A gluten-free diet may be more harmful to your child. According to a report, published in the Journal of Pediatrics, the study revealed that Gluten-free diet for your child may lead to a very high number of nutritional deficiencies.
Adults or children with celiac disease are hypersensitive to gluten. So, avoiding gluten in the diet for such people is a must and should as the intake can cause difficulty in the digestion of food. Celiac Disease is a disorder diagnosed in very fewer people. People suffering from this disease should avoid taking gluten as it damages the intestine.
Gluten is not a natural toxic, so intake of Gluten-free diet may be a risk factor for families of children who are not diagnosed with celiac disease. Gluten is a protein food found in wheat, rye and barley which is harmful to less than 1% of people who suffer from genetics plus gluten. Unknowingly, most of the parents feed gluten-free diet to their children who do not require the elimination of proteins from food. So, gluten-free products are not advised for children who are not subjected to Celiac disease.
“I think there’s a side to the story of the gluten-free diet that’s not often in information that’s readily accessible to families and paediatricians,” said Dr Norelle R. Reilly, the study author, a paediatric gastroenterologist at New York-Presbyterian/Columbia University’s Medical Center.
Reilly noted that the gluten-free diet has very less vitamins and minerals. So, kid’s whose diet is free from gluten lose a lot of B vitamins, iron and fiber. And the study revealed that there is no research supporting the belief that people without celiac disease are benefited with gluten-free diet. An analysis conducted by Consumer Reports in 2014 also revealed that many of the gluten-free foods contain rice-based ingredients, which contain higher levels of inorganic arsenic. Inorganic arsenic is been associated with Cancer disease.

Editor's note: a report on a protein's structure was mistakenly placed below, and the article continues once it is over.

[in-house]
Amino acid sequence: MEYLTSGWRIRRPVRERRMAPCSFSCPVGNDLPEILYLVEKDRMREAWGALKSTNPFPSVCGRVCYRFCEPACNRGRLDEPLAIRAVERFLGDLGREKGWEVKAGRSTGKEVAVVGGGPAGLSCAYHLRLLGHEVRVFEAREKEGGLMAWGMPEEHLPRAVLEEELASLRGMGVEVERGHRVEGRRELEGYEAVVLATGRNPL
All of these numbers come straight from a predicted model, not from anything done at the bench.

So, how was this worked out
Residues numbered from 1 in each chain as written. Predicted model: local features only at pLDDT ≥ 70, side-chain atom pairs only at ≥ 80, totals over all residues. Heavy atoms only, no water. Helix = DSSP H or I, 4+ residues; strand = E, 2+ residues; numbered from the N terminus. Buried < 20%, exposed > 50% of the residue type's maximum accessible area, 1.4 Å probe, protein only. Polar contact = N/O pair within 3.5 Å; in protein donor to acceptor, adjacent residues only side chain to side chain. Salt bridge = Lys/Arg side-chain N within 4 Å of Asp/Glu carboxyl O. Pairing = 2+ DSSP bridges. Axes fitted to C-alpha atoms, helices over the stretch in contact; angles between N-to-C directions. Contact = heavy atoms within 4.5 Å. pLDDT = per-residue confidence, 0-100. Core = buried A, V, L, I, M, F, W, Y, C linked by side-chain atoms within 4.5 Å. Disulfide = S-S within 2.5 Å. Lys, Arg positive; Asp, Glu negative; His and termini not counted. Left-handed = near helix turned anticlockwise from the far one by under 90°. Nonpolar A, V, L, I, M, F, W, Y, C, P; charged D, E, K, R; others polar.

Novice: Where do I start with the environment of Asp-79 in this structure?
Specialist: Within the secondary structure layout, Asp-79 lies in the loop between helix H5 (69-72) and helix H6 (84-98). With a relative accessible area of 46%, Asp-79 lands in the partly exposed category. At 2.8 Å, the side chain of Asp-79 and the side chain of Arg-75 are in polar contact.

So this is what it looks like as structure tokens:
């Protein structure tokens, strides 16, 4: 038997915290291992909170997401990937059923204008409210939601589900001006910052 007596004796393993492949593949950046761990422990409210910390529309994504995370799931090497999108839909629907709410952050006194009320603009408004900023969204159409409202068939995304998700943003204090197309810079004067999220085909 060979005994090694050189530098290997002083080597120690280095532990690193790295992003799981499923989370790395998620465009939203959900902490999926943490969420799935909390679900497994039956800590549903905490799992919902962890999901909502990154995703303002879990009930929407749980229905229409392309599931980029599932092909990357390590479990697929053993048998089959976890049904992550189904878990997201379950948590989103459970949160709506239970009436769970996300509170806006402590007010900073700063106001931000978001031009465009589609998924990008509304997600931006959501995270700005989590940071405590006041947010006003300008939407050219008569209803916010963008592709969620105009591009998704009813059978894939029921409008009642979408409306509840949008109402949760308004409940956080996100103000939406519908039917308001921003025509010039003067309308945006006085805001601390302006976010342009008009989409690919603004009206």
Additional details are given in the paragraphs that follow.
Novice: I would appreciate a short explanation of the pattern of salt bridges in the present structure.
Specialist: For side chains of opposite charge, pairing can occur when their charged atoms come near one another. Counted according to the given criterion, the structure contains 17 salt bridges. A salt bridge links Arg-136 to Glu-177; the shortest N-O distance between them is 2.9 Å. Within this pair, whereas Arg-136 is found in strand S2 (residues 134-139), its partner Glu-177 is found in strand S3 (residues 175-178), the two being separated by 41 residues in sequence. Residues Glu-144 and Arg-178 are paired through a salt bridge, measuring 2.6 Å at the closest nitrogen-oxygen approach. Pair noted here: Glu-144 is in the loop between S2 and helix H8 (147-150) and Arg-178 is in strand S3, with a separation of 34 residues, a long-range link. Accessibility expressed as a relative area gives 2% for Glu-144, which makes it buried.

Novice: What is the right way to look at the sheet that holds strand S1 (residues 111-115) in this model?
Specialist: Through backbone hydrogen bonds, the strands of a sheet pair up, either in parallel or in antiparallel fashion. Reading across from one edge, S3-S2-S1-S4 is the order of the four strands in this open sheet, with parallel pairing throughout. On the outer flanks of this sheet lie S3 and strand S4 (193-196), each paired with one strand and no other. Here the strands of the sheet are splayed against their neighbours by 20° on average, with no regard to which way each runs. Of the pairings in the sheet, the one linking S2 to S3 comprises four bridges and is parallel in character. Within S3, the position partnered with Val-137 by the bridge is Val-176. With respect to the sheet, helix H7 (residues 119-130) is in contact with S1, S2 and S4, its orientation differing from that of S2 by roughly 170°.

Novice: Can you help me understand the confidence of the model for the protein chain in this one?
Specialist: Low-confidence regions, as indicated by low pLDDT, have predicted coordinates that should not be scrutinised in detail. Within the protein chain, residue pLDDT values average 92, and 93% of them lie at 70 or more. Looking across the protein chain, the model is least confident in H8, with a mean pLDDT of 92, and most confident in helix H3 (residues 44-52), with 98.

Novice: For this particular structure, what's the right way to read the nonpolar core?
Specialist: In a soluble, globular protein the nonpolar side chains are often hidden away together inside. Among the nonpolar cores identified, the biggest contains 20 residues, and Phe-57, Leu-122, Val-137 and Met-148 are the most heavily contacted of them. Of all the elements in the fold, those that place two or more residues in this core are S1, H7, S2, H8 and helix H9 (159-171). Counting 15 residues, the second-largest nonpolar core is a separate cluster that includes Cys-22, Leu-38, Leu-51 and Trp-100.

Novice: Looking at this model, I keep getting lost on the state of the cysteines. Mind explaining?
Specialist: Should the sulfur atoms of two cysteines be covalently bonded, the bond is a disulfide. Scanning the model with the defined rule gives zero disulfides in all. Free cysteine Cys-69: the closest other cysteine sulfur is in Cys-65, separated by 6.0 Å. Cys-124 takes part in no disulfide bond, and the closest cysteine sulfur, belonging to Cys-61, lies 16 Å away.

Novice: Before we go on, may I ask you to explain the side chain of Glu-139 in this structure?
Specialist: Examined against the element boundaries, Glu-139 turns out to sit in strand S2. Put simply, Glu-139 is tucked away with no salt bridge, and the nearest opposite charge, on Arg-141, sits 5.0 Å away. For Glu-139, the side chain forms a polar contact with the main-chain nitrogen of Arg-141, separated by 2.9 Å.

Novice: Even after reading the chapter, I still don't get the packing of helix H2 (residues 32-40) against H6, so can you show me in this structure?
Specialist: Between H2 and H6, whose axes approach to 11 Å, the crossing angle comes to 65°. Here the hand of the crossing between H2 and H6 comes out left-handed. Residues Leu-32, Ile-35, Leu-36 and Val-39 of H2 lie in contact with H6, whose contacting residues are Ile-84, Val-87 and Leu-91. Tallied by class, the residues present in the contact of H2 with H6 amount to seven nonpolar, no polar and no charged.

“Gluten-free diets are appropriate for some individuals but certainly not for all,” Reilly said. “Guidance from an experienced physician or dietitian can really go a long way to sort through the abundance of information available regarding this diet.”
“Gluten-free packaged foods frequently contain a greater density of fat and sugar than their gluten-containing counterparts,” Reilly added.
“An individual with celiac disease needs monitoring for a variety of autoimmune conditions and vitamin deficiencies that can go along with the disease, and there could be complications of the disease that require surveillance,” said Reilly.
“So there is a difference between how we would manage somebody who’s gluten-free out of preference versus somebody who is gluten-free because they have celiac disease.” Consulting a physician or dietician before making your child go with the gluten-free diet is advisable.